Results of the Los Angeles Times Book Prize in the year 2005.
In this stunning debut novel, Agu, a young boy in an unnamed West African nation, is recruited into a unit of guerrilla fighters as civil war engulfs his country. Haunted by his father’s own death at the hands of militants, which he fled just before witnessing, Agu is vulnerable to the dangerous yet paternal nature of his new commander.
While the war rages on, Agu becomes increasingly divorced from the life he had known before the conflict started—a life of school friends, church services, and time with his family still intact. As he vividly recalls these sunnier times, his daily reality spins further downward into inexplicable brutality, primal fear, and loss of selfhood. His relationship with his commander deepens even as it darkens, and his camaraderie with a fellow soldier lends a deceptive sense of normalcy to his experience.
In a powerful, strikingly original voice that vividly captures Agu’s youth and confusion, Uzodinma Iweala has produced a harrowing, deeply affecting novel. Both a searing take on coming-of-age and a vivid document of the dark face of war, Beasts of No Nation announces the arrival of an extaordinary new writer.
A brilliantly crafted novel about one man’s betrayal of his talent, his friends, and his principles-a work of demon energy, startling imagery, and utter originality.
At fifty-six, Anatoly Sukhanov has everything a man could want. Nearly twenty-five years ago, he traded his precarious existence as a brilliant underground artist for the perks and comforts of a high-ranking Soviet apparatchik. Once he created art; now he censors it. His past is a shadow, repressed to the point of nonexistence. But a series of increasingly bizarre events transforms his perfect world into a nightmare. Buried dreams return to haunt him, his life begins to unravel, new political alignments in the Kremlin threaten to undo him, and little by little, he finds himself losing everything he sold his soul to gain.
Told in dream sequences that may be true, in real time that may be nightmares, in shifting time frames and voices, Olga Grushin’s novel is a highly sophisticated, often surreal exploration of self-dissolution, faithlessness, and transformation.
Landlocked, sail-shaped Garner, New Hampshire, is a town delineated by its Puritan ethics and its “Live Free or Die” mentality. Like the forbidding landscape of Wharton’s Ethan Frome, this New England outpost keeps its secrets and shapes its inhabitants. Frances Giddens, a spirited, elusive girl born at the dawn of the twentieth century and now approaching womanhood, moves through the forests and rivers that mark Garner’s borders as easily as she befriends its stoic residents.
In the summer of 1925, with Garner’s economic prospects in decline, a group of wealthy New Yorkers descends on the Giddens farm for summer leisure. Even as Frances is drawn to the romance the newcomers represent, darker forces are unleashed. When her body is found in rain-swollen Blood Brook, this deeply private community begins to unravel.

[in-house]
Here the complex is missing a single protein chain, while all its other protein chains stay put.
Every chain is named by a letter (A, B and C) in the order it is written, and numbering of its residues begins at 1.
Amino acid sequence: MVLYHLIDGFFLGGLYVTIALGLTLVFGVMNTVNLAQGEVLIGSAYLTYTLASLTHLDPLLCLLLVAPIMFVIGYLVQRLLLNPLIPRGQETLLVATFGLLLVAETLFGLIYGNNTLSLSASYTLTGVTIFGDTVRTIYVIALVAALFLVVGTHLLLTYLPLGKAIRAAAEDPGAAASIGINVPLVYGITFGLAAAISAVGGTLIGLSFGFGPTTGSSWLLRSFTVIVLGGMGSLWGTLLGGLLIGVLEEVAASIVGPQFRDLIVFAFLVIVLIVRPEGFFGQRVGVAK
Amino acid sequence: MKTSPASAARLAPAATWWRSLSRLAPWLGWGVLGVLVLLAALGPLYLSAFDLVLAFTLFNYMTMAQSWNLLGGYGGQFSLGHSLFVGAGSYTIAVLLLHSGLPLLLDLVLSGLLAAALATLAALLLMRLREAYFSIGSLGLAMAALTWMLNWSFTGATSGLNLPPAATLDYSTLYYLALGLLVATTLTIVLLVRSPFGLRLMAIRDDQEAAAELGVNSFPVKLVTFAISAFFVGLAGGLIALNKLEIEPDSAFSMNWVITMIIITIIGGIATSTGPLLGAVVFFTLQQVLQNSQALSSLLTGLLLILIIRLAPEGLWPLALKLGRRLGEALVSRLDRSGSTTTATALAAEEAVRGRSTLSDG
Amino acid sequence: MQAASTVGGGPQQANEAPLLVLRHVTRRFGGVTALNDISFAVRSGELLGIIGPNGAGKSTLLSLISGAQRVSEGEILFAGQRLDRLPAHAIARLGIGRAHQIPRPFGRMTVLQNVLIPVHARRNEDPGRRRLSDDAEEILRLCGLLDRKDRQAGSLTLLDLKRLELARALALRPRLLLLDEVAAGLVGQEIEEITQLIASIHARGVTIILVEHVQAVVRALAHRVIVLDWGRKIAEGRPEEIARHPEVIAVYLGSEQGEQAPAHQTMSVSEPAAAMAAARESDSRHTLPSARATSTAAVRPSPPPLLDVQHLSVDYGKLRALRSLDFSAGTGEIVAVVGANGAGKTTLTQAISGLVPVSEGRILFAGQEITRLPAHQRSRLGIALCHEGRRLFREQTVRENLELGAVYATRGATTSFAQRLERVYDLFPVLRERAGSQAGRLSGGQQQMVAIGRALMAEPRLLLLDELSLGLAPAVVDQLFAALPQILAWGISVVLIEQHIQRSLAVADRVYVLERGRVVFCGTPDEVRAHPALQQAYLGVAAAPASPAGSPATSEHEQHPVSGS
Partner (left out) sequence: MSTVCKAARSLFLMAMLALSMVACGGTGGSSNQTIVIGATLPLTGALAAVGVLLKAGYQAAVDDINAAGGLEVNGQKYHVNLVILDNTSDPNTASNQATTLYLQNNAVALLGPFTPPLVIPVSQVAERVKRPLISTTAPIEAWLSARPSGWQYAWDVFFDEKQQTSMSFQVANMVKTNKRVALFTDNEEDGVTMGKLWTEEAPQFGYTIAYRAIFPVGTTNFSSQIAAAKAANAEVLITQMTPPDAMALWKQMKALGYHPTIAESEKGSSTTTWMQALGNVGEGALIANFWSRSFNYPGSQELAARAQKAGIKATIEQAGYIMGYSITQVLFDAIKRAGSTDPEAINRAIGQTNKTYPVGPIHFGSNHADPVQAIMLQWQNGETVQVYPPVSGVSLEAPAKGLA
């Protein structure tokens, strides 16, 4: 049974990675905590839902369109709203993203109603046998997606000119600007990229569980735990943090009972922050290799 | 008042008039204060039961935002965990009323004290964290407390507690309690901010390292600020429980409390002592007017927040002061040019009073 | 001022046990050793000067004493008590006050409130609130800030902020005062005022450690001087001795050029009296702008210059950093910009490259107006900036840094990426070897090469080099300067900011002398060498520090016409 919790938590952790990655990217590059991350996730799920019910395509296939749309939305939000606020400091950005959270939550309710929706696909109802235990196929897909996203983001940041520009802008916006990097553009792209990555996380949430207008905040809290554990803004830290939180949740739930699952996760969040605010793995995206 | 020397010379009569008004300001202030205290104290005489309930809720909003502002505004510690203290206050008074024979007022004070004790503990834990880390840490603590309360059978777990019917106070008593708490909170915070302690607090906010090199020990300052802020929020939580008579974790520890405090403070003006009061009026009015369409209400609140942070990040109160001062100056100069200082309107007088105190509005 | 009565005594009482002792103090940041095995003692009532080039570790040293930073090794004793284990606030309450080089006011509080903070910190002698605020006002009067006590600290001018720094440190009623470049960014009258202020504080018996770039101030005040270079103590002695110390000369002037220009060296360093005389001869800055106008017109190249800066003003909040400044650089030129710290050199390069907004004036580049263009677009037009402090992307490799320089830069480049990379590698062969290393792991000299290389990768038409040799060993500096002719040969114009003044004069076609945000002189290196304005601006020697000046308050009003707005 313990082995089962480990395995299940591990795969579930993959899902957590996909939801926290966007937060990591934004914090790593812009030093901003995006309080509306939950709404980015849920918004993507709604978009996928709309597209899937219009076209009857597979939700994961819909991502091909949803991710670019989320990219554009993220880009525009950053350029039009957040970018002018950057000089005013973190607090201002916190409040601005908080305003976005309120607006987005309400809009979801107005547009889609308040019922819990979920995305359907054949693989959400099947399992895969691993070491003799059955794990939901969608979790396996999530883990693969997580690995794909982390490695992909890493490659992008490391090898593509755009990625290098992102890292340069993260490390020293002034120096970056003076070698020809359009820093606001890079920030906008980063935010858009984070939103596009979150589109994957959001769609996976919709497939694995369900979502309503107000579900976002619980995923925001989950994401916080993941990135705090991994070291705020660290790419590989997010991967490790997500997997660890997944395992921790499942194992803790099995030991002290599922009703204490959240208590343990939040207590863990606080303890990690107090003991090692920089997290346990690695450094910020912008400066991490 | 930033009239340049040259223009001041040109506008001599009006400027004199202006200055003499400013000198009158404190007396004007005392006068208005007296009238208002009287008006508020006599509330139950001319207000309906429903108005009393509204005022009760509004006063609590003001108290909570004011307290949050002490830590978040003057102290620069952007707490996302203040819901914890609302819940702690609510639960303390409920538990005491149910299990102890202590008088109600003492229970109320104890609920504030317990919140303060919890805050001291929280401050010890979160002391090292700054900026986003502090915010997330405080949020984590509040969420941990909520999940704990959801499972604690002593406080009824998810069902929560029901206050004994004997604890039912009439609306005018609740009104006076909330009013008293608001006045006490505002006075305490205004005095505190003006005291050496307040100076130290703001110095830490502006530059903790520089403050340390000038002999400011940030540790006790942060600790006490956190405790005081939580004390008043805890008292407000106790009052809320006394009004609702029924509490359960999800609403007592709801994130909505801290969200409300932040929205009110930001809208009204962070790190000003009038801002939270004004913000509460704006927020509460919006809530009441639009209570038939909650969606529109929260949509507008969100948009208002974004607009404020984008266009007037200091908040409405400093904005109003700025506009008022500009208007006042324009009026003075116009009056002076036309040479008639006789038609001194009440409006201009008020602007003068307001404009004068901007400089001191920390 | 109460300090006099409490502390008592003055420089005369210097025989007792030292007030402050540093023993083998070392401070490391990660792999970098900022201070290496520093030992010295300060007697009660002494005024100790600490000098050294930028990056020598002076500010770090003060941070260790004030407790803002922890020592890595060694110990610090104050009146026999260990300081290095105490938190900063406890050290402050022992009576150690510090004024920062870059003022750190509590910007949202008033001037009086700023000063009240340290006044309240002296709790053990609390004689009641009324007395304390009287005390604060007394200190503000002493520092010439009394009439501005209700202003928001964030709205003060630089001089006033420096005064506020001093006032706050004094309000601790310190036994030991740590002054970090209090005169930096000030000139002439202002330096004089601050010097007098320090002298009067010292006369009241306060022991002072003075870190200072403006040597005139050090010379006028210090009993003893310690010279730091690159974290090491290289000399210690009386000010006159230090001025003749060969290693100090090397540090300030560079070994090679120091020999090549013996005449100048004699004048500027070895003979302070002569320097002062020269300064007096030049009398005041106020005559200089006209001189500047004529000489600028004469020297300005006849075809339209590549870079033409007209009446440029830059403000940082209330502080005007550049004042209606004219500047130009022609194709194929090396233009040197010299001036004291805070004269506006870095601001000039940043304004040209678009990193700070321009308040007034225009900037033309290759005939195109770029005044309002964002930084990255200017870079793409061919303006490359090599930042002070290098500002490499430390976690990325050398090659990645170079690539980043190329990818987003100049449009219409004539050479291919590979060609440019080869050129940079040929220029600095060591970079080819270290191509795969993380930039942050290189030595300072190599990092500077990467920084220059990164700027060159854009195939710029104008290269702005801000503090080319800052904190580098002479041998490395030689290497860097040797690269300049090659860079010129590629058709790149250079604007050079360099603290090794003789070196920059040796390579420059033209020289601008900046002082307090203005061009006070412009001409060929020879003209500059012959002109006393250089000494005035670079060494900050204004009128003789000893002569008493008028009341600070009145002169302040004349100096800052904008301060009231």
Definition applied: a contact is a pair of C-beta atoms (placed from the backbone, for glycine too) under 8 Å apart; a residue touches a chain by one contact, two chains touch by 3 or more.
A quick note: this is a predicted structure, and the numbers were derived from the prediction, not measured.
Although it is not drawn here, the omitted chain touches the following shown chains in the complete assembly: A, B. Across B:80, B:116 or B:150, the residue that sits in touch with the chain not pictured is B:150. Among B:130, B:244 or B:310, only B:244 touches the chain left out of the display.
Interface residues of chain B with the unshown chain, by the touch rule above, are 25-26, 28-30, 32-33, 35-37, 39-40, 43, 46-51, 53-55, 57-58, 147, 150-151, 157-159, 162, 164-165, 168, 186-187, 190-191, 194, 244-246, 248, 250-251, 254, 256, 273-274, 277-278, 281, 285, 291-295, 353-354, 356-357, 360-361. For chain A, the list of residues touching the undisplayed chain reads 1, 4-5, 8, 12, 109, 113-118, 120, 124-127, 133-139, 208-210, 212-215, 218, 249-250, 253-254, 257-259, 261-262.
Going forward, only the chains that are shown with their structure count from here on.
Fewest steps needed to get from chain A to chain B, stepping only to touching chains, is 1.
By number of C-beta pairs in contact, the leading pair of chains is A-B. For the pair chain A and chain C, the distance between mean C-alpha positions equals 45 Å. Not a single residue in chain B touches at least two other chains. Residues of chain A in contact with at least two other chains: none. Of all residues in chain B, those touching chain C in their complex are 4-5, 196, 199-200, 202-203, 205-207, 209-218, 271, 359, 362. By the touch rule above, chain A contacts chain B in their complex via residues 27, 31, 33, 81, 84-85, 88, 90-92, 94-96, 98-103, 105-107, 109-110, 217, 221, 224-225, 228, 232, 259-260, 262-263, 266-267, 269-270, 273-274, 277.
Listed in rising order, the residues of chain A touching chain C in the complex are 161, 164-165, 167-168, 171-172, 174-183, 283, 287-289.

Garner chronicles the mystery of Frances’ sudden death and the demise of a picture-perfect New England town threatened…[more]
This stunning debut novel tells the story of a biblical struggle in a remote Jamaican village in 1957. With language as taut as classic works by Cormac McCarthy, and a richness reminiscent of early Toni Morrison, Marlon James reveals his unique narrative command that will firmly establish his place as one of today’s freshest, most talented young writers.
In the village of Gibbeah—where certain women fly and certain men protect secrets with their lives—magic coexists with religion, and good and evil are never as they seem. In this town, a battle is fought between two men of God. The story begins when a drunkard named Hector Bligh (the “Rum Preacher”) is dragged from his pulpit by a man calling himself “Apostle” York. Handsome and brash, York demands a fire-and-brimstone church, but sets in motion a phenomenal and deadly struggle for the soul of Gibbeah itself. John Crow’s Devil is a novel about religious mania, redemption, sexual obsession, and the eternal struggle inside all of us between the righteous and the wicked.
A vivid and revelatory novel based on actual events of the 1847 Oregon migration, A Sudden Country follows two characters of remarkable complexity and strength in a journey of survival and redemption.
James MacLaren, once a resourceful and ambitious Hudson’s Bay Company trader, has renounced his aspirations for a quiet family life in the Bitterroot wilderness. Yet his life is overturned in the winter of 1846, when his Nez Perce wife deserts him and his children die of smallpox. In the grip of a profound sorrow, MacLaren, whose home once spanned a continent, sets out to find his wife. But an act of secret vengeance changes his course, introducing him to a different wife and mother: Lucy Mitchell, journeying westward with her family.
Lucy, a remarried widow, careful mother, and reluctant emigrant, is drawn at once to the self-possessed MacLaren. Convinced…[more]